HTML5 is currently the building block of the Internet. That sounds simple but it’s not. At least not really. You see, the Internet is a much cooler thing now than it used to be. To allow for these cooler features, HTML had to be improved.
In this tutorial, we will go over the difference between HTML and HTML5. But first, let’s start by describing what HTML.
What Is HTML?
The first part of answering the question “What is HTML?” and telling you about the difference between HTML and HTML5 is deciphering the acronym. HTML stands for HyperText Markup Language. But unless you’ve been making cool stuff on the Internet for a while, that probably doesn’t help, does it?
First of all, the biggest mistake people make is considering HTML to be a programming language. It’s not. Instead, it’s a way to write directions for the web browser. These directions tell it what the frame of the website should be.
The difference between HTML and HTML5 vs. a proper programming language is that HTML can’t handle logic. And that’s what programming languages are all about. You can’t make HTML do one thing under some conditions and something else in a different situation like you can with full programming languages.
And that’s the short version of the answer to the “What is HTML?” question and the first step to properly explaining the difference between HTML and HTML5.
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So, how does HTML work?
Figuring out how HTML works also informs the answer about the difference between HTML and HTML5. You see, the fifth iteration of the language is built on a long history of web development and deals with an enormously different tech landscape.
With that said, what is HTML and how does it work?
Everything you write using HTML tells the browser what you want on the page and in what order. If you make a website using simple HTML, it will look extremely simplified because this markup language isn’t meant to style the look of your website (use CSS for that). It only puts in the elements you want and creates the proper website structure (that’s why it’s so crucial to know it for web development). Nonetheless, some might even argue that HTML is the web.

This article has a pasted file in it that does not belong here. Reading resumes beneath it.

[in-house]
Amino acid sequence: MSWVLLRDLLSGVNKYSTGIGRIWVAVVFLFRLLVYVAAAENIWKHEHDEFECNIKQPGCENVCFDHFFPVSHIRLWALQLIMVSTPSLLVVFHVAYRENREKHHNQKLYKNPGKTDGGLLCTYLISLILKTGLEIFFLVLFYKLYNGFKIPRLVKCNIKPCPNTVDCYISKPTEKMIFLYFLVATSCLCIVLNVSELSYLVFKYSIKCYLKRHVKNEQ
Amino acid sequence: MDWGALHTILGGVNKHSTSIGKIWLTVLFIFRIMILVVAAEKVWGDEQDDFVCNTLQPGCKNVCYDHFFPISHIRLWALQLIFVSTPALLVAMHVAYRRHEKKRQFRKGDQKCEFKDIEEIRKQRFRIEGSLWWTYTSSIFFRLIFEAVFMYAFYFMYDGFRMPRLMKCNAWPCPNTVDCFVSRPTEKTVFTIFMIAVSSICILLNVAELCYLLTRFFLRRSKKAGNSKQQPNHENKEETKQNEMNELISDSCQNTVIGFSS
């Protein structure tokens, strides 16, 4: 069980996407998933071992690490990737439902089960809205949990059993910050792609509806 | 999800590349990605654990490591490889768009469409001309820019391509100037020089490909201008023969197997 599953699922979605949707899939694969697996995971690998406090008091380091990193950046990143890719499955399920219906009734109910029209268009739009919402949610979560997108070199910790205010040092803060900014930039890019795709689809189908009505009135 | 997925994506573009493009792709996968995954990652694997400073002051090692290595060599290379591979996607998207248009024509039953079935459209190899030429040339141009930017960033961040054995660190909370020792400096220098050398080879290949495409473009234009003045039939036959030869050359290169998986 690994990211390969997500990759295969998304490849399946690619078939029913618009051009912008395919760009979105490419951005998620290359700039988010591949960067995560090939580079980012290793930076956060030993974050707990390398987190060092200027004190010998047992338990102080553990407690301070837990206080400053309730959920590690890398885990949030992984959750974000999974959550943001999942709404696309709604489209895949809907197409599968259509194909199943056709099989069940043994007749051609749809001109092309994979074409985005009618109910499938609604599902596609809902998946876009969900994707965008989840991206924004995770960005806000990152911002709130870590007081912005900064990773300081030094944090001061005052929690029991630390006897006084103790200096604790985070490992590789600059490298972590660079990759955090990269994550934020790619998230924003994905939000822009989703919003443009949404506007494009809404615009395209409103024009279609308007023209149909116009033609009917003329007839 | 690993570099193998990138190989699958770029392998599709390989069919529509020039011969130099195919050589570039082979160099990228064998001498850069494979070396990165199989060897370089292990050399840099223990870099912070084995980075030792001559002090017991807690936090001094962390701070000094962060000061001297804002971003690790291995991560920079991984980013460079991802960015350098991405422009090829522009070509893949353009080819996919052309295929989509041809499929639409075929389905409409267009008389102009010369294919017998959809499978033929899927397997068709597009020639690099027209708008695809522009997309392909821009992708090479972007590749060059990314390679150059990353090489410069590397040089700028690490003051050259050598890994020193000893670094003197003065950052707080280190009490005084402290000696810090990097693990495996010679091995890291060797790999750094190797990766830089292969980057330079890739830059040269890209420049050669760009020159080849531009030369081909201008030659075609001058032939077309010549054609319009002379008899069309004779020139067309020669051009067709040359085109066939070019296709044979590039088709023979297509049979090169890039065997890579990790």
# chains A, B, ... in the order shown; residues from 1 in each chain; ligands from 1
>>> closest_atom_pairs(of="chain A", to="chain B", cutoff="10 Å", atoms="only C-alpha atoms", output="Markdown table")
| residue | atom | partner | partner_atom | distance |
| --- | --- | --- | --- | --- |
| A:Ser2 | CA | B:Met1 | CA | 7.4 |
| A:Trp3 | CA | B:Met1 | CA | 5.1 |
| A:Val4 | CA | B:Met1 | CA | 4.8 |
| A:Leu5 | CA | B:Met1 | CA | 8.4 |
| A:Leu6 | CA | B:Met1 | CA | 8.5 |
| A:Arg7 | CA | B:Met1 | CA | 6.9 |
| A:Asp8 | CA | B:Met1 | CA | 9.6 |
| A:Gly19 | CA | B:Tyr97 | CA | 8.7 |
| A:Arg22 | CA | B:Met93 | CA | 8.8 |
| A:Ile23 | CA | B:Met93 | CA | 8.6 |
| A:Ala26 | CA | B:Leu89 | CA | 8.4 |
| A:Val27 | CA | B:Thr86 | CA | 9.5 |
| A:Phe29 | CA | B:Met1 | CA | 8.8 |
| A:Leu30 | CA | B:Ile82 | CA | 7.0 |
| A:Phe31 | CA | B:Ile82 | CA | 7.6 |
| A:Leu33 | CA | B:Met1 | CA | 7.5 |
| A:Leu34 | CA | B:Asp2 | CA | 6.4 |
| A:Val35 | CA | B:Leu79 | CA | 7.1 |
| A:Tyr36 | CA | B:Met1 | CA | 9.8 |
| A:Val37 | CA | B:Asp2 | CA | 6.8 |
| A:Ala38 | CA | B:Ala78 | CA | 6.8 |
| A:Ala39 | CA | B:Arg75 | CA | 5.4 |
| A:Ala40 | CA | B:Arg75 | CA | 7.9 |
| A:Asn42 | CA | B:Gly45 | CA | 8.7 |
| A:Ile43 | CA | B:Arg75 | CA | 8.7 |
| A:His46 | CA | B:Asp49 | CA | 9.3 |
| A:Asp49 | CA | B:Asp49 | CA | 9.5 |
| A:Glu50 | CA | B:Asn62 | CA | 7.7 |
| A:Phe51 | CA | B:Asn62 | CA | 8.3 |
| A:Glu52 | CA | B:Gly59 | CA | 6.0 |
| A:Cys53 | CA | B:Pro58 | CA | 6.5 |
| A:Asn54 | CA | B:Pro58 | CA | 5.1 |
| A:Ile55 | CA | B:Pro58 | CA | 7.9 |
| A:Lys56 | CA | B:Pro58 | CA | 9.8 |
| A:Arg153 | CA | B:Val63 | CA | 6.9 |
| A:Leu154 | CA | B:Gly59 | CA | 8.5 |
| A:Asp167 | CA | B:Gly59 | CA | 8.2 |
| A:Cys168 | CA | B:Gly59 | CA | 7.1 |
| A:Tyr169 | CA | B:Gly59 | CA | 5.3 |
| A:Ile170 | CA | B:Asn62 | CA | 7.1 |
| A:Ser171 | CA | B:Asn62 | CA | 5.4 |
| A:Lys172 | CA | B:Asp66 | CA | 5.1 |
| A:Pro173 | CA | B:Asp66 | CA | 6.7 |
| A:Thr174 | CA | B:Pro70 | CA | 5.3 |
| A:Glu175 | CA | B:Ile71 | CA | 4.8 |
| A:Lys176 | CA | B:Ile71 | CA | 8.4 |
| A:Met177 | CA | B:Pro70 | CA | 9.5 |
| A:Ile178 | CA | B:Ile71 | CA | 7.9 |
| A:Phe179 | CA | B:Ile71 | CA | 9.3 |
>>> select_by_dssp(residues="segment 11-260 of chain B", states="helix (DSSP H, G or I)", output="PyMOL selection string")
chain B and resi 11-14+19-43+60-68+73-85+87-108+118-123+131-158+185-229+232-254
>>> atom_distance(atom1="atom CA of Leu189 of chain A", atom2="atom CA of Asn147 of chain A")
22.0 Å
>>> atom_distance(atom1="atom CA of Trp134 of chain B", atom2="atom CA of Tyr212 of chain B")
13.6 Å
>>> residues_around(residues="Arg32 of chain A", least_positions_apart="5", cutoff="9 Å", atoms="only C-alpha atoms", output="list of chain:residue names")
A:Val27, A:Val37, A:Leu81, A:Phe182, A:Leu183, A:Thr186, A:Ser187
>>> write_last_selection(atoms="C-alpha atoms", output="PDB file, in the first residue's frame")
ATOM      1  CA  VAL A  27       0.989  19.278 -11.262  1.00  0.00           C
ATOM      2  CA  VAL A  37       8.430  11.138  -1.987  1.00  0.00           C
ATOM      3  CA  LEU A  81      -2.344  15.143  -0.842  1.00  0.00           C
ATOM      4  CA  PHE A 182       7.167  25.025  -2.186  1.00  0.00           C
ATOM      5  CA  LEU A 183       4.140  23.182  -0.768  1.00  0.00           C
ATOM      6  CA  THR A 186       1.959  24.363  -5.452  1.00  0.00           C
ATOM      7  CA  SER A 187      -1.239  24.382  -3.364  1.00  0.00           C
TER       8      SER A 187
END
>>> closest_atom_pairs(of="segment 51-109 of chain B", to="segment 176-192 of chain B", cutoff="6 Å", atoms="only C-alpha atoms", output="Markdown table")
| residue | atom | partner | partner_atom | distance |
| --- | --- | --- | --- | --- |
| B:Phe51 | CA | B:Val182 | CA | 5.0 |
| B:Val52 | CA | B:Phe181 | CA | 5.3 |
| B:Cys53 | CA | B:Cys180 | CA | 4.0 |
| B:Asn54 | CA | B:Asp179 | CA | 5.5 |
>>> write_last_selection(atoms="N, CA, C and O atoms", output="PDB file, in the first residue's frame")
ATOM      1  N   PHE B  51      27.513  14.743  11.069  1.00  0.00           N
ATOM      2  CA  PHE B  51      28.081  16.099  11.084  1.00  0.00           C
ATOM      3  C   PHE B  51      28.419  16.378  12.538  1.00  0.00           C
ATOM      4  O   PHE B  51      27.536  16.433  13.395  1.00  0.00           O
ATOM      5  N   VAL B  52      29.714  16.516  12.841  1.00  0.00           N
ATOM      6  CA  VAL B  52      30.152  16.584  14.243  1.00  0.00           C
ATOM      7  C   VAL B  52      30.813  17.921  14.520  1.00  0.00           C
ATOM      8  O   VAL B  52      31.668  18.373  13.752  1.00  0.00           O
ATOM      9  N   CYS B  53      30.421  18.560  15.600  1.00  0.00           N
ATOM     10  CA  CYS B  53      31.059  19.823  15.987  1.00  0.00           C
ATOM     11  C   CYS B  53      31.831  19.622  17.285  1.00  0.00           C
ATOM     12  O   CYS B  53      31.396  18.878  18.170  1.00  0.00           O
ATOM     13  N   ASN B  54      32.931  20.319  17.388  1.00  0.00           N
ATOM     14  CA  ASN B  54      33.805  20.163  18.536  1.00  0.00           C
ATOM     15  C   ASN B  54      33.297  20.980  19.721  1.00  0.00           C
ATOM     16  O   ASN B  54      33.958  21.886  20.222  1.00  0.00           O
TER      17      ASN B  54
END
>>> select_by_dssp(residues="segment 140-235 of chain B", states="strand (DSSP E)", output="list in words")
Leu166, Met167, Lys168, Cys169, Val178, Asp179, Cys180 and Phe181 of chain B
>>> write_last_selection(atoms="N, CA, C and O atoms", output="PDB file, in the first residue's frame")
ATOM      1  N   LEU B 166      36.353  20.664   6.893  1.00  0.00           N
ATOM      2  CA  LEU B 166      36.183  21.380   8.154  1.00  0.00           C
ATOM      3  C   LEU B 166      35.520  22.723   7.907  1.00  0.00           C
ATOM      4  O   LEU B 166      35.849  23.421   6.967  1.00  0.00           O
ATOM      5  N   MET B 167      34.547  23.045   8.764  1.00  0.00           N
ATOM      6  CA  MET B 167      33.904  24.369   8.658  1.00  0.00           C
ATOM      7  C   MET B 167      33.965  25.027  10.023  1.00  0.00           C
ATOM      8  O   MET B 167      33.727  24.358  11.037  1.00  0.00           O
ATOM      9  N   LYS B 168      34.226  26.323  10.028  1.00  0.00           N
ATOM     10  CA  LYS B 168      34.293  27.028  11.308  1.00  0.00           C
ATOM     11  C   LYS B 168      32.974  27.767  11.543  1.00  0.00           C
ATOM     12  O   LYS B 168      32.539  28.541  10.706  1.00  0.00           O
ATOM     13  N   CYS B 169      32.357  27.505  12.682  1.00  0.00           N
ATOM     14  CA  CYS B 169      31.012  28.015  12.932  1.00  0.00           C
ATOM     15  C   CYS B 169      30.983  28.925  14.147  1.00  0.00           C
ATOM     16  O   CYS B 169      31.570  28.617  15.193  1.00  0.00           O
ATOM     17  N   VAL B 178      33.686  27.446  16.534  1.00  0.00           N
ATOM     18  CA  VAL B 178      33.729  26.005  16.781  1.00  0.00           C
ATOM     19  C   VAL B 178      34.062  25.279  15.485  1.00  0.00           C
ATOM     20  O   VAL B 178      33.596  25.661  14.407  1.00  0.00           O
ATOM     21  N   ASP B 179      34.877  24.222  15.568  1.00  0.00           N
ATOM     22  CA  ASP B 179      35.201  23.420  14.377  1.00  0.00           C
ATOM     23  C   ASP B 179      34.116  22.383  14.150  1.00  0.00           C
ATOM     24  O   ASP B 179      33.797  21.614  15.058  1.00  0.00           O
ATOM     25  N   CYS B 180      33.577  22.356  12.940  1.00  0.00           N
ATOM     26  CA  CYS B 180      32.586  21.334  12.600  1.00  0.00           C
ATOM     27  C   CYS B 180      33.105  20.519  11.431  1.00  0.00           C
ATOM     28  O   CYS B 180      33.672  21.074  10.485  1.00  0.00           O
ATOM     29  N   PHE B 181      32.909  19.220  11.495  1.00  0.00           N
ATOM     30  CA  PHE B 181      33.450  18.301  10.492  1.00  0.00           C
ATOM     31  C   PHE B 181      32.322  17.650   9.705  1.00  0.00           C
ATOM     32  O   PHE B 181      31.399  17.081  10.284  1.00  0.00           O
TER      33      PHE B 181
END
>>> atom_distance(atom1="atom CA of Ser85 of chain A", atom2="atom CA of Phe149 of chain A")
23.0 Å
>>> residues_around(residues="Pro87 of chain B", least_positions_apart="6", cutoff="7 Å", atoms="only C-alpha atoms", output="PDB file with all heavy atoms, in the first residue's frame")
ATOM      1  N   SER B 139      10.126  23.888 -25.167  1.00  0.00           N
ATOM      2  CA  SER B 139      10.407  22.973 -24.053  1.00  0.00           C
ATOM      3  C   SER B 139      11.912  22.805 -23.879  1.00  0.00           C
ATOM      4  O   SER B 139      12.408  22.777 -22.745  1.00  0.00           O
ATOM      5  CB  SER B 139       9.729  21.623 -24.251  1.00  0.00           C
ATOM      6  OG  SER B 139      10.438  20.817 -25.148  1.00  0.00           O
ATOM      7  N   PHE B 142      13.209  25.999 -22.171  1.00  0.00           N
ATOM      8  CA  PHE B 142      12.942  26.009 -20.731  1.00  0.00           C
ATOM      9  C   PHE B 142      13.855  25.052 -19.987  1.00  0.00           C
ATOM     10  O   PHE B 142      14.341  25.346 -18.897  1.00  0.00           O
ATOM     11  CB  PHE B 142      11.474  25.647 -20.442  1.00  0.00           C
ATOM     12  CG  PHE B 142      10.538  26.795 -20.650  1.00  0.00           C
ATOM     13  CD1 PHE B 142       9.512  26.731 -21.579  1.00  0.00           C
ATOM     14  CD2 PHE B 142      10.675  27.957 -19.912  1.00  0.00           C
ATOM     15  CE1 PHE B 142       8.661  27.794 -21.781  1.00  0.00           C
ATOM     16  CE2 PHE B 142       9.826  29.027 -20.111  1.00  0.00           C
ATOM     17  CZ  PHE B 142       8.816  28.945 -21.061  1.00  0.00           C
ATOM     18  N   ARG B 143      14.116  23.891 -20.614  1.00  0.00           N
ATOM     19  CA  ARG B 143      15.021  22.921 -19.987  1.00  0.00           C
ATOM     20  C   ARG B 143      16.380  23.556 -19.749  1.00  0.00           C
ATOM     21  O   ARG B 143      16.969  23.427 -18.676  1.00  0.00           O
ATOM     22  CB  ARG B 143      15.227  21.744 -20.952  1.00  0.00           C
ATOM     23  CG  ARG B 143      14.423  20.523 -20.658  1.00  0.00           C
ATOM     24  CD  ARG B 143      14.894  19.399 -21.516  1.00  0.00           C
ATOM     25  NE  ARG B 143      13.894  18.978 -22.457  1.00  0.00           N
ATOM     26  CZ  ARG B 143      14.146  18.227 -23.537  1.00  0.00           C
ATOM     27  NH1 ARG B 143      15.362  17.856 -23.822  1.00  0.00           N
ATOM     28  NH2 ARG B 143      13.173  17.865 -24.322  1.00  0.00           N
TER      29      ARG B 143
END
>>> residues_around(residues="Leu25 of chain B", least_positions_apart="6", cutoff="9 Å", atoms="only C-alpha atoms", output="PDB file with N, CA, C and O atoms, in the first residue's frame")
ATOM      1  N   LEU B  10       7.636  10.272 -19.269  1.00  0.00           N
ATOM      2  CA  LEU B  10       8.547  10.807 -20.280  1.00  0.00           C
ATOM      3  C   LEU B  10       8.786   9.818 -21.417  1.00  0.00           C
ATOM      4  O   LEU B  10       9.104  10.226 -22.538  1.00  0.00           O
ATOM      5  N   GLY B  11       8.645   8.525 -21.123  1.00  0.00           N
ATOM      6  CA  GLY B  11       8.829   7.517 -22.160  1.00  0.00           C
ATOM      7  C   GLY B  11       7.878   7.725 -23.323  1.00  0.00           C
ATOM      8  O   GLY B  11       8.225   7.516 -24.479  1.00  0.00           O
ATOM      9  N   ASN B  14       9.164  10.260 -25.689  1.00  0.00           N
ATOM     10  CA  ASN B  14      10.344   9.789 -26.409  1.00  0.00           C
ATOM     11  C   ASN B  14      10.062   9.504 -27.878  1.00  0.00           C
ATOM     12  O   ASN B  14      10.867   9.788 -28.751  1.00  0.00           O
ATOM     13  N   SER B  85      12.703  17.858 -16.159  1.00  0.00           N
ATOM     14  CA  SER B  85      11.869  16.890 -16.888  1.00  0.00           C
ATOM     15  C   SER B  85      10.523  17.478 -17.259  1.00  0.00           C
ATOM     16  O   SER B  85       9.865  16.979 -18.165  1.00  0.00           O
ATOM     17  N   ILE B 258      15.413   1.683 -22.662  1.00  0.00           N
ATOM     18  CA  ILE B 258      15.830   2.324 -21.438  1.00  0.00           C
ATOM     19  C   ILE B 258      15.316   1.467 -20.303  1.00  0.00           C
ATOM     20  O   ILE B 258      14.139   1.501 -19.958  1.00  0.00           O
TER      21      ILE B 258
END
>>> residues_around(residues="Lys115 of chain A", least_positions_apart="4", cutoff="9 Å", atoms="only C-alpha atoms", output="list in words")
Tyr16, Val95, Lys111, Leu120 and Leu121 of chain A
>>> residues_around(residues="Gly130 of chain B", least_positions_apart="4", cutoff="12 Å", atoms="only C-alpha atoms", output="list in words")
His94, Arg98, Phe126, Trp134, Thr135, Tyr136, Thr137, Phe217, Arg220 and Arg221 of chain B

To put it simply, HTML works by defining different elements in < > (opening) and </ > (closing) tags. They tell the web browser what the element is supposed to be and where it should be placed.
- <p>The p in the tags tells the browser that this is a paragraph text element.
- <h2> would tell it that it’s Heading 2.
- You close the paragraph with </p> or </h2> if you want it to be Heading 2.
If you want to know more tags, we have a full HTML tag reference list right here.
Of course, this is the base and it can get more complicated than this, but in the end, HTML is just putting one element after another. Now, HOW and WHERE you put that element and which tag would best represent it is another question that evolved over the years. That is why one of the many differences between HTML and HTML5 is the syntax. As HTML evolved and the concept and capabilities of web development evolved, HTML changed for the better, becoming less complicated and more… intuitive for human eyes.
What is HTML5?
OK, we have a good idea of HTML. Now, what is HTML5?
The people who created HTML back in 1995 had no clue that the Internet would change so much.
Naturally, the web markup language also had to evolve together with the web. HTML5 is the most recent evolution of the HyperText Markup Language. Its purpose is to allow websites to be as compatible with any browser as it’s humanly possible (let’s face it, sometimes we still ensure that).
While you technically could write the frame of a website using HTML’s previous versions, it would not be as good or technically accurate. Probably the clearest difference between HTML and HTML5 is how they handle some modern website properties, one of them is being adapted to mobile users whose base is growing every day. And the hard truth is that if you’re making a website from scratch in 2019, you must use HTML5.
The Difference Between HTML and HTML5
Now that we know what is HTML and what is HTML5, we can look at how the most recent version evolved from its predecessor.
The first rudimentary version of HTML was “created” in 1993, with HTML 2.0 coming in 1995. Try to remember the first website you’ve ever seen (if you can’t remember, the example above will help you). Now open a new tab and go to any modern responsive website.
Do you see how advanced the new websites are compared to the ancient ones?
It’s staggering. Creating something modern using the rudimentary versions of HTML would be extremely hard, if not impossible. The technology to do it simply wasn’t there in the old days, so support for it was similarly lagging.
As the capabilities of computers and the Internet grew, developers all over the world continuously reworked HTML with a single goal. To make sure that they can improve website capabilities.
After HTML 2.0 came HTML 3.0 in January 1997, but it stayed only a short while (around 11 months), HTML4 came to life.
HTML4 was created in 1997 by W3C (World Wide Web Consortium) recommendation and stayed as the foundation of the Internet for more than 17 years (much longer than its predecessors). In 2014, HTML5 was created and developers started to develop websites using it soon after. Another difference between HTML and HTML5 is that it has been decided not to have any more versions. That is HTML5 is here to stay and will have only some features updated along the way, but there will not be HTML6 (at least there are no plans for it now).